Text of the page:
When we approached Hamburg, the GPS in our car directed us towards what seemed like a closed street. We searched around for a while (berating the voice on our GPS) until we realized that we had reached the entrance of the (poorly marked) car lift that was to take us under the Elbe River into Hamburg proper.

The car lift and tunnel was build in 1907, and frankly, did not look like it had been renovated much. Old Elbe Tunnel - Gamesforlanguage.comA couple of cars fit into each of the lifts, plus a number of pedestrians and bicycles.

The ride through the tunnel was somewhat nerve-racking. The car lane was narrow, with the car's tires just fitting between the narrow sidewalks on each side. Occasionally, the tires rubbed against the, maybe, three-feet wide side-walk strip on either side, where pedestrians were walking to and fro. We also did not know how to shut off the head lights of our rental car, which we were asked to do in order not to blind the pedestrians.

In any event, the car lift and tunnel provided a memorable way of entering Hamburg, taking us right to the “Landebrücken,” the center of the maritime traffic in Hamburg. Ferries and tourist boats come and go there continuously throughout the day and evening.

The Old Elbe Tunnel has been declared a monument and houses a museum. Thousands of cars, cyclists, and pedestrians use this way to arrive at the Landebrücken part of Hamburg every year.

Hamburg has much to see and admire. The Elbe and the two Alster lakes, the Binnenalster and the Außenalster, give Hamburg its particular flair. You also notice the many green spaces and trees. (A tour guide claimed that Hamburg has so many trees that there are 36 trees for each dog.)

The next leg of our northern Germany trip will take us to Lübeck and near the border to Poland - but more about that in a later post: From Hamburg to Wismar

Bio: Ulrike Rettig is the co-founder of She is a lifelong language learner, growing up in Austria, the Netherlands, and Canada. You can follow her on Facebook, Twitter and Instagram, and leave any comments with contact.

Posted on by Peter Rettig

3 Languages, a Pyramid, Napoleon, Royalty and a Family Reunion

Language Learning - Gamesforlanguage.comTravels in Europe always present a wonderful opportunity for us to refresh our historical knowledge as well as practicing a language or two. During a recent stay in the Netherlands, I also learned a few facts that I had either forgotten or, more likely, never knew.

My Dutch Experiment

Readers of a previous post may recall that I had started to learn Dutch around the beginning of 2015. Starting with one daily Duolingo lesson in January 2015, then increasing it to 1-2 lessons per day in May, I added the 3-month Dutch Babbel course in early June, while continuing with 1-2 daily Duolingo lessons. I had completed the Babbel Dutch course by the end of August.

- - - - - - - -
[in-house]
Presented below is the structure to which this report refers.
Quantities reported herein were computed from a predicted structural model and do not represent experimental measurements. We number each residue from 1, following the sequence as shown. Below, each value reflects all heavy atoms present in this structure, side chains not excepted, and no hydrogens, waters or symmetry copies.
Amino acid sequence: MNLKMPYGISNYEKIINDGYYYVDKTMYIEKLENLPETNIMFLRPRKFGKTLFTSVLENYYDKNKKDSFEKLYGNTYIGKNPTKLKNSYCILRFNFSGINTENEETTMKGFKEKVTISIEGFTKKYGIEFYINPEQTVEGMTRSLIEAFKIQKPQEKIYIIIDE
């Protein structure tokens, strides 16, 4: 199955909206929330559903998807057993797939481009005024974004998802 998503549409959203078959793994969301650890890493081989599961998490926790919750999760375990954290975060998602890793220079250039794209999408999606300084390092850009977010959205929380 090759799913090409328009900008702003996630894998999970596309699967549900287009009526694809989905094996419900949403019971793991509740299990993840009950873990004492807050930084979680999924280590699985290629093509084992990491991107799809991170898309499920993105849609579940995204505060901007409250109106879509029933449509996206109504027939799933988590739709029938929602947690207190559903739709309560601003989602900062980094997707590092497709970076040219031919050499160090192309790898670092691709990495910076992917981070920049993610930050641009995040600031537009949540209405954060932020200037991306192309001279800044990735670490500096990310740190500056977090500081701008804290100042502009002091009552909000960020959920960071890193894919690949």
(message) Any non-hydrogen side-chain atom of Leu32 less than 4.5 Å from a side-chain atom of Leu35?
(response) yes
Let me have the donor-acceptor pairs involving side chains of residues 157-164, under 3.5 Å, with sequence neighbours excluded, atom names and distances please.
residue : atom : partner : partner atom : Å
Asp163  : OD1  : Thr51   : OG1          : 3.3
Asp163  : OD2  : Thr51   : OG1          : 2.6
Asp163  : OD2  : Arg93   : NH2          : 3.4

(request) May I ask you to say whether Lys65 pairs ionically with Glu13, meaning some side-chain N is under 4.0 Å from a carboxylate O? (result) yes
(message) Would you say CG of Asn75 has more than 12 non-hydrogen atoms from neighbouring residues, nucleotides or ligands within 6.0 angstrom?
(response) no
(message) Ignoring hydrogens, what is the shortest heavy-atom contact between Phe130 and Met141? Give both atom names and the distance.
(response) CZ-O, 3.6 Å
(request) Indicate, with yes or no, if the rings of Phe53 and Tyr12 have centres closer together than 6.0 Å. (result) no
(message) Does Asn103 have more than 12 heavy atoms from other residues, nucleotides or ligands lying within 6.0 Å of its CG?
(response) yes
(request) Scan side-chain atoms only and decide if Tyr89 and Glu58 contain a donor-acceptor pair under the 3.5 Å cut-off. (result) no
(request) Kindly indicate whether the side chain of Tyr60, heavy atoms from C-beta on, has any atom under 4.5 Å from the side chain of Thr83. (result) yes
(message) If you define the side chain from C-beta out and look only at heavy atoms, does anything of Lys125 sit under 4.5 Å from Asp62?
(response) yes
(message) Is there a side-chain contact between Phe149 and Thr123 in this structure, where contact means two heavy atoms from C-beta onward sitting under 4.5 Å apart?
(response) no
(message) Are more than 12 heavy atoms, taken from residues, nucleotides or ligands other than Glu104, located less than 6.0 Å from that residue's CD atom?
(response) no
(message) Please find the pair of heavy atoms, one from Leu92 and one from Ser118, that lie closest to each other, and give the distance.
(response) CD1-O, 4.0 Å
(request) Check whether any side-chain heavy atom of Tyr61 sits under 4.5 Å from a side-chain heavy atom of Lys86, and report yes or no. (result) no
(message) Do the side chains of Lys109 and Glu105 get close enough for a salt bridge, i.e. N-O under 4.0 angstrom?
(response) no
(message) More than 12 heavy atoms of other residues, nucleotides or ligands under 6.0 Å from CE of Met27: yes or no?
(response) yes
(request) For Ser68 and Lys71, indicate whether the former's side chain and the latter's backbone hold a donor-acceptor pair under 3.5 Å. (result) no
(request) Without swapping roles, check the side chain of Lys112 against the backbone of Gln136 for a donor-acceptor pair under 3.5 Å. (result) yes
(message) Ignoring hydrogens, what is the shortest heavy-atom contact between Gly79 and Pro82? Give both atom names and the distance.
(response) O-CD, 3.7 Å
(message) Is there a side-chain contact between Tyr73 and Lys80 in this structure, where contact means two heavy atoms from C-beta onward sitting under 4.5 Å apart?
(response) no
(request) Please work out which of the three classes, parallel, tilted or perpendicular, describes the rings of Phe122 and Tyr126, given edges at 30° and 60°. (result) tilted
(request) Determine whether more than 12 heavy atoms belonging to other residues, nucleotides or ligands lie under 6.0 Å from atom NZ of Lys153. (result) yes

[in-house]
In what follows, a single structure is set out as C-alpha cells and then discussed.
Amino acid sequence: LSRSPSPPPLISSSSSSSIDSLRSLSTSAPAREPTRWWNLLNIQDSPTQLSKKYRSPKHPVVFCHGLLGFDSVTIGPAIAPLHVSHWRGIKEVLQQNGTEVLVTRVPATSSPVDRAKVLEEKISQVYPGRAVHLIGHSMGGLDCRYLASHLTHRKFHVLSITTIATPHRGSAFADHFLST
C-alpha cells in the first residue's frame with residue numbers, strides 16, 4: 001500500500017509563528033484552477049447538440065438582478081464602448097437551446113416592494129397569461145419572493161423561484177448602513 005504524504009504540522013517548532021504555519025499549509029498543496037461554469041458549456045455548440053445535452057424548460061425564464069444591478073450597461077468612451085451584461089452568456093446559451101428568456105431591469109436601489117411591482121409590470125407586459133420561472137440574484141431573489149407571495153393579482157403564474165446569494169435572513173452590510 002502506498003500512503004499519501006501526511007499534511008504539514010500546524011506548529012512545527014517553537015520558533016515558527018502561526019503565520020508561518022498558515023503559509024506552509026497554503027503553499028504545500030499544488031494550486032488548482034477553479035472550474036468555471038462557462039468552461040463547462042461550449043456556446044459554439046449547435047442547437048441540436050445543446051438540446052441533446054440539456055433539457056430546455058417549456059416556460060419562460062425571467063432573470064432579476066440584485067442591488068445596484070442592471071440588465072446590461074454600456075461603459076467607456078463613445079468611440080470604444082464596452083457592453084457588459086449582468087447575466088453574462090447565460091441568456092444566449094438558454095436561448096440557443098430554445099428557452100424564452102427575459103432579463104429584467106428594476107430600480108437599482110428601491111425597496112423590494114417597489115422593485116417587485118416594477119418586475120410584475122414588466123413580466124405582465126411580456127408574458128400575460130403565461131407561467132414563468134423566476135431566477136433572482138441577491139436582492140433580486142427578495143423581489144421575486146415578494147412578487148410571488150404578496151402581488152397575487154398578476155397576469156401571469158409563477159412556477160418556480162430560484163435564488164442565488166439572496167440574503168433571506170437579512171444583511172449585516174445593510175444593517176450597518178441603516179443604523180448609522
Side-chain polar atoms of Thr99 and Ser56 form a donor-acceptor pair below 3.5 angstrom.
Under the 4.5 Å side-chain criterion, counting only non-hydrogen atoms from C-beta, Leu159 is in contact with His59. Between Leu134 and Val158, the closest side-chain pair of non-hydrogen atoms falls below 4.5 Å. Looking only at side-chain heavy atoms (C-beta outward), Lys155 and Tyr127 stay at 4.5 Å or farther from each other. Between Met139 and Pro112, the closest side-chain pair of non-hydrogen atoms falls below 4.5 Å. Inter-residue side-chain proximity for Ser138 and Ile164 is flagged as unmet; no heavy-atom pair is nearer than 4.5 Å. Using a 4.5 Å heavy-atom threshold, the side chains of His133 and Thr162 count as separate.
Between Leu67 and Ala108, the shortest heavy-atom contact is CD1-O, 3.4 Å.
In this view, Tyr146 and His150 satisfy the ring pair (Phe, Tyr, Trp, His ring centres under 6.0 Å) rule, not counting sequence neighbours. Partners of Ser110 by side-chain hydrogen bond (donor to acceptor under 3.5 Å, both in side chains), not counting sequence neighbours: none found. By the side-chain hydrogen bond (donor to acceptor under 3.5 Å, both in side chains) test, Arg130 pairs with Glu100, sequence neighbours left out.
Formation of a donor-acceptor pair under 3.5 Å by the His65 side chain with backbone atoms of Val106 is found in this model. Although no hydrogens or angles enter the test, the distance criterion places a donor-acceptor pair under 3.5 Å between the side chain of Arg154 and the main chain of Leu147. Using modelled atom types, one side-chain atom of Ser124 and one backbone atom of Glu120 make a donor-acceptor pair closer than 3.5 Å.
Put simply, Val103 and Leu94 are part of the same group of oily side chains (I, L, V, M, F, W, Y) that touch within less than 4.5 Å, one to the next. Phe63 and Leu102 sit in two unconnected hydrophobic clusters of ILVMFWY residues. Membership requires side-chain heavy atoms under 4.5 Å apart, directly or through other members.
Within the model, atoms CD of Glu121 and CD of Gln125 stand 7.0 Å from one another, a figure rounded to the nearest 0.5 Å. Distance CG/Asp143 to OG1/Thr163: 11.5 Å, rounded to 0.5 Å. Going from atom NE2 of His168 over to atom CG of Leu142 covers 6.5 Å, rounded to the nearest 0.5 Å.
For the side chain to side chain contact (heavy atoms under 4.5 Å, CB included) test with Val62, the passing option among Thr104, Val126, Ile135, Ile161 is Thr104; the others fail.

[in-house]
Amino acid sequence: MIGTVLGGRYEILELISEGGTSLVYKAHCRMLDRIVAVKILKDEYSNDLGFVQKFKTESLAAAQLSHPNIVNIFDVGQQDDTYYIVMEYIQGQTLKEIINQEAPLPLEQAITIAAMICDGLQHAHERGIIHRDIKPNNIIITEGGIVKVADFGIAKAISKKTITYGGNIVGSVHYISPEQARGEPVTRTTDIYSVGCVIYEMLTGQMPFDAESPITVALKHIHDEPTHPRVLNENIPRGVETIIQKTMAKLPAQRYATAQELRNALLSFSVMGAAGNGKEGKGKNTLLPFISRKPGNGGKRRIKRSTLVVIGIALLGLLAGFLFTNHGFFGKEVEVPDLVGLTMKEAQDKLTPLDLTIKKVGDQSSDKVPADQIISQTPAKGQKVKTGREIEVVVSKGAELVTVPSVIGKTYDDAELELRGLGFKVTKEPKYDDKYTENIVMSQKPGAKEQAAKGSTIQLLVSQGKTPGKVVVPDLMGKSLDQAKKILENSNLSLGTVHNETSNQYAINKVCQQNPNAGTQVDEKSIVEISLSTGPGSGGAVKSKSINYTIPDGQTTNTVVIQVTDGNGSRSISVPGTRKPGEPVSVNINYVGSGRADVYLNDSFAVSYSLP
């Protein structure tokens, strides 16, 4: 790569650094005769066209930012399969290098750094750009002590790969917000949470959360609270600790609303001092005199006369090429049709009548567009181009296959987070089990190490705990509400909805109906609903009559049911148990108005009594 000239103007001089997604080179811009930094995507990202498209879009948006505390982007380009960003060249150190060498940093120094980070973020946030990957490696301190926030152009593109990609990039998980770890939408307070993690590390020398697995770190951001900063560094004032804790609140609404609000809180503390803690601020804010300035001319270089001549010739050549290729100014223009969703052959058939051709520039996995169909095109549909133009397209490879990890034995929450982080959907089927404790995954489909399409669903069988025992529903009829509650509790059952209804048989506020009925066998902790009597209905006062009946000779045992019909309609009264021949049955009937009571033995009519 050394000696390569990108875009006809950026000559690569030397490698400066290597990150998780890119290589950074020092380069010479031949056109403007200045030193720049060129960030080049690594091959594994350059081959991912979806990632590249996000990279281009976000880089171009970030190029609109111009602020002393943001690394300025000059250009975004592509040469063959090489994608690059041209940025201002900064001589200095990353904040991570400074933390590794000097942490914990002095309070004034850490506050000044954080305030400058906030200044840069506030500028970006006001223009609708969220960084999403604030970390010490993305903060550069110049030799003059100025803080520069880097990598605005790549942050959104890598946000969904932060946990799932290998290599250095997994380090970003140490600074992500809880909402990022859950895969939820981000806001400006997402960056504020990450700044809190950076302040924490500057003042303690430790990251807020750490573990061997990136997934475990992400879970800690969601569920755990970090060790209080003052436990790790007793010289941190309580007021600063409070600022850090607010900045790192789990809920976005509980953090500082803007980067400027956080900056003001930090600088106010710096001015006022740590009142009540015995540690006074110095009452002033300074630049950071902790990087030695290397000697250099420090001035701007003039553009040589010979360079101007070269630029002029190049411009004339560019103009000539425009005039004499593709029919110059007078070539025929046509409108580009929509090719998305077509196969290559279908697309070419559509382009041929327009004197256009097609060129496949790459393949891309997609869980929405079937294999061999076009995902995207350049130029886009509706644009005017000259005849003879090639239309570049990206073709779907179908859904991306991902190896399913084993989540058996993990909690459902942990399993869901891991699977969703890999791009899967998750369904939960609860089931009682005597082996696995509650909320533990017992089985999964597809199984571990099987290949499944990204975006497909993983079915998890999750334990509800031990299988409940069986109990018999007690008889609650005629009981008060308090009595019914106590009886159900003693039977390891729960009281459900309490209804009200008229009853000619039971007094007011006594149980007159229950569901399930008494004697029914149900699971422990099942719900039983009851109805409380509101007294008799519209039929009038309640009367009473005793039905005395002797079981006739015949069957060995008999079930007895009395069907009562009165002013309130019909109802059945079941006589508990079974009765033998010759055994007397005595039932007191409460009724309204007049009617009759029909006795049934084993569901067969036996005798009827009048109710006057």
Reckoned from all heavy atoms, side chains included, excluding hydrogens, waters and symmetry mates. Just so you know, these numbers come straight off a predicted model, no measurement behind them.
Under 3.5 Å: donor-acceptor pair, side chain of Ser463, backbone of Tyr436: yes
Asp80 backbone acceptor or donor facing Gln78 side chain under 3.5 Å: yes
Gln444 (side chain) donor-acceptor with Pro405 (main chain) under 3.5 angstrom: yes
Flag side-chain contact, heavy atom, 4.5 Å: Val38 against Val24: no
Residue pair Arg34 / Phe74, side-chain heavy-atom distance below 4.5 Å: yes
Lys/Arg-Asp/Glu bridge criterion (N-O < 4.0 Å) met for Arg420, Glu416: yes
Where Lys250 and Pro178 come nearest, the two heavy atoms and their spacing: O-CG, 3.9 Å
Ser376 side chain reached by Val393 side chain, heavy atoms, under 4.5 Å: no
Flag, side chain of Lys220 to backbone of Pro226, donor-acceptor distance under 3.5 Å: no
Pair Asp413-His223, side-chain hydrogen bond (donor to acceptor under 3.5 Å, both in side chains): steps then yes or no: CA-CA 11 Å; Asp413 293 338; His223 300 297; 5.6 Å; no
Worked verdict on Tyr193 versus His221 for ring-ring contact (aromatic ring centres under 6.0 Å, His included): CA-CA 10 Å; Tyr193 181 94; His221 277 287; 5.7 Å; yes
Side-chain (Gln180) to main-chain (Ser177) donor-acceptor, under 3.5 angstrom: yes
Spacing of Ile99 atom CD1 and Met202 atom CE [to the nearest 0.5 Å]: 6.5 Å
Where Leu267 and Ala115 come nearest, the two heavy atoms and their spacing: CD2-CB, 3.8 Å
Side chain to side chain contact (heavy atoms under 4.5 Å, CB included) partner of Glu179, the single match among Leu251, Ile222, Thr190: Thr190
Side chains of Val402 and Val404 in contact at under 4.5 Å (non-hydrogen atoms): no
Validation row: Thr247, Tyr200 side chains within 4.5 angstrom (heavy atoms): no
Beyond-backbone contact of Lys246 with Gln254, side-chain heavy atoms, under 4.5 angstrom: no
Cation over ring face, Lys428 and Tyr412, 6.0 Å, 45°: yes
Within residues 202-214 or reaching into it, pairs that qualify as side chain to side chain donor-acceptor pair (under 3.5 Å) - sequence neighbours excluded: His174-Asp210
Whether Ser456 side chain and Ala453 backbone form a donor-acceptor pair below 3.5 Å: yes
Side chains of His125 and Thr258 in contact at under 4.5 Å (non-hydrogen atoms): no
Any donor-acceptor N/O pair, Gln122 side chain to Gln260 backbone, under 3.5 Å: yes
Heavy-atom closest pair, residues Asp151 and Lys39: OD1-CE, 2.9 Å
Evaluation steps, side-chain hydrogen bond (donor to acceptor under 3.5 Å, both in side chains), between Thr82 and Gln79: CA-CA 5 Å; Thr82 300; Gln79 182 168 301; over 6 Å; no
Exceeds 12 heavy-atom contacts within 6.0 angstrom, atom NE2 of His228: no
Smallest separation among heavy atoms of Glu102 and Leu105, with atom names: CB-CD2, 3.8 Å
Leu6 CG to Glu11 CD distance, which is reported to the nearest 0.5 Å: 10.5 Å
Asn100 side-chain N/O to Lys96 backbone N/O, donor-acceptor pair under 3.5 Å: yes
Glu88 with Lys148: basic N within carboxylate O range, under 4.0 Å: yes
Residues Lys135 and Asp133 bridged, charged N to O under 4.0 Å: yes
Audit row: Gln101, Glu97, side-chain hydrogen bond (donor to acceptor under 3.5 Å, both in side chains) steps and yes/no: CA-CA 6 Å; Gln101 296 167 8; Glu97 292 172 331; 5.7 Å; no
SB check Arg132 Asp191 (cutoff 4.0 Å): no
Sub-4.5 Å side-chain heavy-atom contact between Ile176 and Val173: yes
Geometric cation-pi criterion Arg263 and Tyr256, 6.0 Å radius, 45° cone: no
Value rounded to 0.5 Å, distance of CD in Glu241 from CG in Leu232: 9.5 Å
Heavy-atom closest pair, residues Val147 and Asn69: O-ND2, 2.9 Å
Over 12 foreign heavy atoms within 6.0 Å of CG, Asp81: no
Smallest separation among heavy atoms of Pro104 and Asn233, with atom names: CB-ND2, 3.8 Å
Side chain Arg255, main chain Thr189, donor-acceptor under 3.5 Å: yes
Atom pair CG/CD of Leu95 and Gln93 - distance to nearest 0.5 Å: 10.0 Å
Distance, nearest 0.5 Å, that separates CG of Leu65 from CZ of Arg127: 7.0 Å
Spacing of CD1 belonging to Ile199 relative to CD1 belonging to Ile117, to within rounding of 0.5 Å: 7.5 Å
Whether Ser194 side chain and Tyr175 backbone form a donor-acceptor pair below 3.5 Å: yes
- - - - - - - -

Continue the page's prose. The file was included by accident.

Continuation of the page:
In early September, our family reunion in Utrecht gave me an opportunity to listen to a lot of Dutch; I also knew (from my speaking practice with my wife) that I was not yet ready to participate in a fast-moving Dutch conversation.

However, I was quite pleased that I was not only able to follow most Dutch conversations, but also to read and understand the Dutch-only explanations in the various museums we visited.

Dutch is probably one of the easiest languages to learn for a German speaker. Nevertheless, it's good to remember that the 100 hours I invested in Duolingo and Babbel will not produce fluency. For that I'll clearly need more speaking practice.

The Pyramid of Austerlitz

When a Dutch cousin wanted to take us to the “Pyramide van Austerlitz,” near Utrecht,Austerlitz pyramid I was somewhat baffled: A “pyramid” and “Austerlitz” in the Netherlands? Wasn't Austerlitz located in the Czech Republic, where Napoleon had won a crucial battle?

Yes, certainly, I remembered correctly, but there was also a surprising explanation:

In 1804, a General Marmont of the French army commanded about 18,000 men. They were stationed in an encampment on the heath between Woudenberg and Zeist (two small villages near Utrecht).

Six years earlier, Marmont had accompanied Napoleon on a military campaign to Egypt and was quite impressed by the pyramids.

As he needed something to do for his soldiers, he ordered them to build a pyramid of sand and turf from the heath, with the hope that the pyramid would carry his name for all eternity.

Unfortunately, two years later, Napoleon's brother, King Louis Bonaparte, renamed it “Pyramide van Austerliz” in honor of Napoleon's victory over the Austrian and Russian armies in 1805.